[Openid-specs-ab] Lite Draft 8

John Bradley ve7jtb at ve7jtb.com
Thu Aug 18 02:35:17 UTC 2011

The problem as Facebook has discovered with their token leakage problem is that anyone who gets a access token for the protected resource (graph API or twitter api) can then use that token in the implicit/client side flow to impersonate the user in OAuth 2.0 bearer token.  

The token for the resource is generaly longer lived than the users interactive session that wants to expire once the user logs out of the IdP.  
Some people want the access token to be good for multiple endpoints until it is revoked.

(That reminds me,  we need to say something about the grant lifetime for the scopes in openID for interoperability.)

We did discuss using a JWT for the access token so that it could do double duty.   
Some people like Sales Force have existing code for there access tokens so they don't want to change that.
Another issue is token size,  making the session token carry all of the scope information for the user-info and other endpoints may make the token too large to be practical.

It would also be more complicated for the RP to get right, than keeping the session and access grant tokens separate.

A common example of what not to do with OAuth from a privacy point of view is the twitter example of implicitly tying the identity to the grant of access to the persons twitter feed.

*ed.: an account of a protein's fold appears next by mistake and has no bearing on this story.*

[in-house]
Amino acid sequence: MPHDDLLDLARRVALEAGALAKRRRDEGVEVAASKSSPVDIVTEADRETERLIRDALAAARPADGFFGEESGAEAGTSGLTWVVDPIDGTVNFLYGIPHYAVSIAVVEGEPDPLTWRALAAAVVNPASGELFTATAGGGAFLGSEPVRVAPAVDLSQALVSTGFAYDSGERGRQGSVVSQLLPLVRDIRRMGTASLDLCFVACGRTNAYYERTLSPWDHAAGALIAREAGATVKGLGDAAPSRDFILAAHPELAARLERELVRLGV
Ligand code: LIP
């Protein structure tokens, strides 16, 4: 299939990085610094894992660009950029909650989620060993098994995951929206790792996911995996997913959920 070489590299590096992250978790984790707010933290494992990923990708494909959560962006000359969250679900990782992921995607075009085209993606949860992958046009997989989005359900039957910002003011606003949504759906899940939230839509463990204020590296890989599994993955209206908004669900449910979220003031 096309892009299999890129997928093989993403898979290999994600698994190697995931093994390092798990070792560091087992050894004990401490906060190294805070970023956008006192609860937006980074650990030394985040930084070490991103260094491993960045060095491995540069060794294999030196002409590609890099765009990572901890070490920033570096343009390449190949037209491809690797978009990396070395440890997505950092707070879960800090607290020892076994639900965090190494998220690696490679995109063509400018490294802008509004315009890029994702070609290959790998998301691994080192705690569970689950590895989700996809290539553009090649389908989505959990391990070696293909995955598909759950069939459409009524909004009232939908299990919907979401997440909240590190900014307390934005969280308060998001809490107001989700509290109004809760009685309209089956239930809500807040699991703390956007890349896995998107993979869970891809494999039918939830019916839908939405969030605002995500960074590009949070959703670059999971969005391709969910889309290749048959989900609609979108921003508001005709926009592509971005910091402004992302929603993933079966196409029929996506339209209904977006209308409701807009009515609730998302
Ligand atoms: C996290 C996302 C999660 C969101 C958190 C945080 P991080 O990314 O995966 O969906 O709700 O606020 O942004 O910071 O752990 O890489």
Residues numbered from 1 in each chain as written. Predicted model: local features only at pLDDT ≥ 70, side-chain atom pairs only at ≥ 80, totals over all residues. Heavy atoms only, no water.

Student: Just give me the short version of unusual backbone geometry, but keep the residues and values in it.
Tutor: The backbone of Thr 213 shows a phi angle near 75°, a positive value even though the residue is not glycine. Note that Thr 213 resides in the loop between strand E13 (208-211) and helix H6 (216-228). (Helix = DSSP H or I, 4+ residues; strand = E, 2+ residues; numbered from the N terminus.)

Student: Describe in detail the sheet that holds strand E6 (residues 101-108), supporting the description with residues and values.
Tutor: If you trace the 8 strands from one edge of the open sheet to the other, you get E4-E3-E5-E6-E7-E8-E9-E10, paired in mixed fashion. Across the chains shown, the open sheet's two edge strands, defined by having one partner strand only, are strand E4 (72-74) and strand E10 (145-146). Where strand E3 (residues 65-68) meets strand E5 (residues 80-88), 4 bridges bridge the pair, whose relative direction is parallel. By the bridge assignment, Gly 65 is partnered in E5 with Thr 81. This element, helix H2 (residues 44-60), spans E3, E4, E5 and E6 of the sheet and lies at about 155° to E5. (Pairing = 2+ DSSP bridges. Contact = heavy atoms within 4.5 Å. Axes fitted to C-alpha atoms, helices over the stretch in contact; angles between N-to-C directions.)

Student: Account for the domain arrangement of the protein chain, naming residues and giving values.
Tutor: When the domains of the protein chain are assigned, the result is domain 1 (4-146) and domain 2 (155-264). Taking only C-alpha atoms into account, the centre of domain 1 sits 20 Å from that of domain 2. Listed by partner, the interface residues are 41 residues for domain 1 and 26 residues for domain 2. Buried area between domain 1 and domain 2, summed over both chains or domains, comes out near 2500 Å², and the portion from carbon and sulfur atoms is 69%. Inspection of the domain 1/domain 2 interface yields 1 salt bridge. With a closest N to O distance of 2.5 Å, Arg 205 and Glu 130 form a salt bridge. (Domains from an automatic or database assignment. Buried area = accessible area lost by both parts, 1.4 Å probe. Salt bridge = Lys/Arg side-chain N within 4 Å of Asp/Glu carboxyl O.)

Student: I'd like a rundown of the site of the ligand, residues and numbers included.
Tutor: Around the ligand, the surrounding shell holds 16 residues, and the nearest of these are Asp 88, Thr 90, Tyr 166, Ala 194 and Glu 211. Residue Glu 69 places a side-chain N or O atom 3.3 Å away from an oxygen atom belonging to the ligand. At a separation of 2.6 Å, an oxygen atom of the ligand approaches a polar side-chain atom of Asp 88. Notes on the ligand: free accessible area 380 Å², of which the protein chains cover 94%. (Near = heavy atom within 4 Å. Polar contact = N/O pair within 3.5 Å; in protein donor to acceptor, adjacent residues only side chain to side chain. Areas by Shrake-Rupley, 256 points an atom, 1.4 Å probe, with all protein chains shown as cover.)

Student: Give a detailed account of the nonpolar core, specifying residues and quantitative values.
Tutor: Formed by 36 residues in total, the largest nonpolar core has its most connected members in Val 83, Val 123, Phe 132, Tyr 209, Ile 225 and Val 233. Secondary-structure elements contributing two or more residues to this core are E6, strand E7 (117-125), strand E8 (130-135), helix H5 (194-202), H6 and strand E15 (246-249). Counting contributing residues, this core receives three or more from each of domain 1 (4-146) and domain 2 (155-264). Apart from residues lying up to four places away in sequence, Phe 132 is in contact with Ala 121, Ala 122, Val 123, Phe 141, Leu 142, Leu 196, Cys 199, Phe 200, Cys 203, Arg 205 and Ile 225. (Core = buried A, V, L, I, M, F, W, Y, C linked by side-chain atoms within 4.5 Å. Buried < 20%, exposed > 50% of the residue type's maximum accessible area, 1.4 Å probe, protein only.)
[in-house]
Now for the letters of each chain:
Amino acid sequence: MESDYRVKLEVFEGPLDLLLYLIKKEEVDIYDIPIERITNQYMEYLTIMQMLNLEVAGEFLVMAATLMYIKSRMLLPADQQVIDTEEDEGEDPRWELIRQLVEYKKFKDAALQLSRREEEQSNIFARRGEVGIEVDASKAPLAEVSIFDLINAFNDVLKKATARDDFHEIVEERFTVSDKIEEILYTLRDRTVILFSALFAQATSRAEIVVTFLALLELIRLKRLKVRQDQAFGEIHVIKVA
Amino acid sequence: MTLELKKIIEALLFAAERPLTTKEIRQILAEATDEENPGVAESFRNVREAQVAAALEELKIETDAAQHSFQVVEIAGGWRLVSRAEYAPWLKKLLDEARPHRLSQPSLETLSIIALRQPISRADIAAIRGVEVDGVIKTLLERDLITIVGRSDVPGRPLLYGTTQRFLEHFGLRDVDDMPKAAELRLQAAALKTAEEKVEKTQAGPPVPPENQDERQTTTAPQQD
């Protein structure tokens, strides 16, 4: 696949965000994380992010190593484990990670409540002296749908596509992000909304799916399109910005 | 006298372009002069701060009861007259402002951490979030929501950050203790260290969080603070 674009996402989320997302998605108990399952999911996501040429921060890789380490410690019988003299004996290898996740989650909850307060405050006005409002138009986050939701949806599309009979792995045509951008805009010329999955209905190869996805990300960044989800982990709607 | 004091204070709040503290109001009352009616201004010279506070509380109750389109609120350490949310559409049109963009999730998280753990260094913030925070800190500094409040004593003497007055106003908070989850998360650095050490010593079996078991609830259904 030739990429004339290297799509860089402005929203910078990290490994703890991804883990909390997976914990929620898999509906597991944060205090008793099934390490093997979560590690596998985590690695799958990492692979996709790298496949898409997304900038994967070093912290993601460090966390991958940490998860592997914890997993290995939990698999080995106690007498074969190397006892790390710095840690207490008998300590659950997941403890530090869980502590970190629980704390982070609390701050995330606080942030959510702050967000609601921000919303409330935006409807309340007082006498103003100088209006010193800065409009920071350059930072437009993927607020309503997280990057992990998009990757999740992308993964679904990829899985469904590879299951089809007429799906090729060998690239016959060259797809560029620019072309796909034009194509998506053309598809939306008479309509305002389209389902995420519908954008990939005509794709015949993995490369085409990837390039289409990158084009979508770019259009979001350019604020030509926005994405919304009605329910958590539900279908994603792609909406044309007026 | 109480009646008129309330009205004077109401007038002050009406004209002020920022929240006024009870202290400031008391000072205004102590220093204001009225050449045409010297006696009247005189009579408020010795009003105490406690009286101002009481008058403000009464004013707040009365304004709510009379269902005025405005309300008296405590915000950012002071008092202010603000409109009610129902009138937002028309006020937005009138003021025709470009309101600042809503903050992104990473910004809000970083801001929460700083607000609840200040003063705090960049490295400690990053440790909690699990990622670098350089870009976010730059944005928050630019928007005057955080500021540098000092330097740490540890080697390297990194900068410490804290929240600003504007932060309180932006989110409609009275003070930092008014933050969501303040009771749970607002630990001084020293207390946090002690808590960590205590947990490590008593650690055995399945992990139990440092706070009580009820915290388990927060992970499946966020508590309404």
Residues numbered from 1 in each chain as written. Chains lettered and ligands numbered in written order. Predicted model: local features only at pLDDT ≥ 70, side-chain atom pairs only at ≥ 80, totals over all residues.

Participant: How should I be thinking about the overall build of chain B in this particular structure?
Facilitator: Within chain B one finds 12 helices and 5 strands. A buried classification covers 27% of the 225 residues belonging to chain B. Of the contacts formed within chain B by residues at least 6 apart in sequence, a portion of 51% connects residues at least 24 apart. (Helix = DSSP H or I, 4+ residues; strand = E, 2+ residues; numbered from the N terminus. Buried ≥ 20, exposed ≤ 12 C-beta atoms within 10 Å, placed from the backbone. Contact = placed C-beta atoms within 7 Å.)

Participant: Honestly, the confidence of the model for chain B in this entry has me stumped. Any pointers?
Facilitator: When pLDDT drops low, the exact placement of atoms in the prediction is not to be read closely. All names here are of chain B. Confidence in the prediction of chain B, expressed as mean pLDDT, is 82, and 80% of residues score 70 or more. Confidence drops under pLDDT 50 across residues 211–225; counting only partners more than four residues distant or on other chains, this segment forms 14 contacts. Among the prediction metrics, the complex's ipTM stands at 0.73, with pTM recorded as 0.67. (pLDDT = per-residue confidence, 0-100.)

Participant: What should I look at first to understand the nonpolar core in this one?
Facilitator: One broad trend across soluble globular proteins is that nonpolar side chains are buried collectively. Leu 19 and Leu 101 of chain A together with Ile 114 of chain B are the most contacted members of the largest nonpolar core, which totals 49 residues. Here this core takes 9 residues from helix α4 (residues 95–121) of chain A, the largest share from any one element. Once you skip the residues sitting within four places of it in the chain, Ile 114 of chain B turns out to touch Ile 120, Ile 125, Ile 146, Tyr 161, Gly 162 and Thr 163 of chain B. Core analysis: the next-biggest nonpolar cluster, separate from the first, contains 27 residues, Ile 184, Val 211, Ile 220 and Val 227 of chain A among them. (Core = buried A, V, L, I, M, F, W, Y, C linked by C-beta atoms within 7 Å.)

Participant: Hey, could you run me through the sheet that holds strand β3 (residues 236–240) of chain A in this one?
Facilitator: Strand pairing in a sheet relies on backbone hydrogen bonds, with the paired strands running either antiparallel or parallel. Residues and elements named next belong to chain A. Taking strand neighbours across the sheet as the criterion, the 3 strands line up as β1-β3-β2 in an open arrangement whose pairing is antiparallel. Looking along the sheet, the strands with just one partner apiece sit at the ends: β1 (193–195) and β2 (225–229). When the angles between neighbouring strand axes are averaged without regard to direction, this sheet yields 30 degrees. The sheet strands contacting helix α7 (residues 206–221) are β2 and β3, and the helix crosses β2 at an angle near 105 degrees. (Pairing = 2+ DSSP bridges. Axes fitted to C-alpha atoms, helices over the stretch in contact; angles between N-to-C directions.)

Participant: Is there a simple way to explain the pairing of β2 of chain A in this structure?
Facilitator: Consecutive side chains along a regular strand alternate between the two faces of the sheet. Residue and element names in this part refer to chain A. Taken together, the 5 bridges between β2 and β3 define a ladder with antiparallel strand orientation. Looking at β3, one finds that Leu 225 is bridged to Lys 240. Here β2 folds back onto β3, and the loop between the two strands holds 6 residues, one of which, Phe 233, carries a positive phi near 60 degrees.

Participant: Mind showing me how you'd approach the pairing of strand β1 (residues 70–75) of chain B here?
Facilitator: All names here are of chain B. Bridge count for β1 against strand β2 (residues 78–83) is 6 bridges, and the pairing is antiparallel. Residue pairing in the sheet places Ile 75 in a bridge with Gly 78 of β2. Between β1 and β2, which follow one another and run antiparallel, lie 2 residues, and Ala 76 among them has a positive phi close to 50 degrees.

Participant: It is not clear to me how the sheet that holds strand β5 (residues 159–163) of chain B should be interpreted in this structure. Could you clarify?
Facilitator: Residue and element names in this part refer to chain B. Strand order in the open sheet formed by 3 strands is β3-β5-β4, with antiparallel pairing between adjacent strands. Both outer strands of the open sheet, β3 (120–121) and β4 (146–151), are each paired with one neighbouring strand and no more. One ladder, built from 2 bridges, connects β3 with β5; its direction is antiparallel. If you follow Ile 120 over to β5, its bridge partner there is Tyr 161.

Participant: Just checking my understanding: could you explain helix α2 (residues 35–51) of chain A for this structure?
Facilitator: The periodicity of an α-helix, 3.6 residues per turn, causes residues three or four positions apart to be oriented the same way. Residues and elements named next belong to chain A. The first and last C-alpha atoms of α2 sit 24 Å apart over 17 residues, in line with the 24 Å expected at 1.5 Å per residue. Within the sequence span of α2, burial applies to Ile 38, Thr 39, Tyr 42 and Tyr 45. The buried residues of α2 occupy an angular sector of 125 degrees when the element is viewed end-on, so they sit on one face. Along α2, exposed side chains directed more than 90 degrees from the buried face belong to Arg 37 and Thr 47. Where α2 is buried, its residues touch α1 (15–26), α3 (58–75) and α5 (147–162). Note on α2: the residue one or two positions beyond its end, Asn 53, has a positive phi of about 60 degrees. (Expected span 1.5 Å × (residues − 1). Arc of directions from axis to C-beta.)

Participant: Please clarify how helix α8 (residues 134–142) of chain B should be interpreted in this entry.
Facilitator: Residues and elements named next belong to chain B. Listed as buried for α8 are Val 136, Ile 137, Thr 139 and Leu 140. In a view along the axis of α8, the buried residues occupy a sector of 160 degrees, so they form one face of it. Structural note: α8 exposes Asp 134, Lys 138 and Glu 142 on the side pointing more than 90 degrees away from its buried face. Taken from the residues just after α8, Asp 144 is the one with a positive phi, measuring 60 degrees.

Allowing everyone you log into to post to twitter as you is perhaps not a good thing when generalized to a SSO solution.

The conversations I have had with NIST/GSA people indicate there strong preference for separating the session grant from other grants.   They consider some of the existing OAuth systems vulnerable.

Perhaps a security review discussion is something we should add to the Sep meeting.

John B.
On 2011-08-17, at 9:19 PM, Allen Tom wrote:

> Hi John - can you elaborate a bit more on why it's a "real security problem" in the Twitter case? Can you outline an example exploit?
> Thanks
> Allen
> On Tue, Aug 16, 2011 at 4:31 PM, John Bradley <ve7jtb at ve7jtb.com> wrote:
> The two tokens have potentially different scopes and lifetimes.
> There are good reasons for separating resource authorization from session authentication.
> It is true that twitter and others confuse those.   That however is a real security problem.

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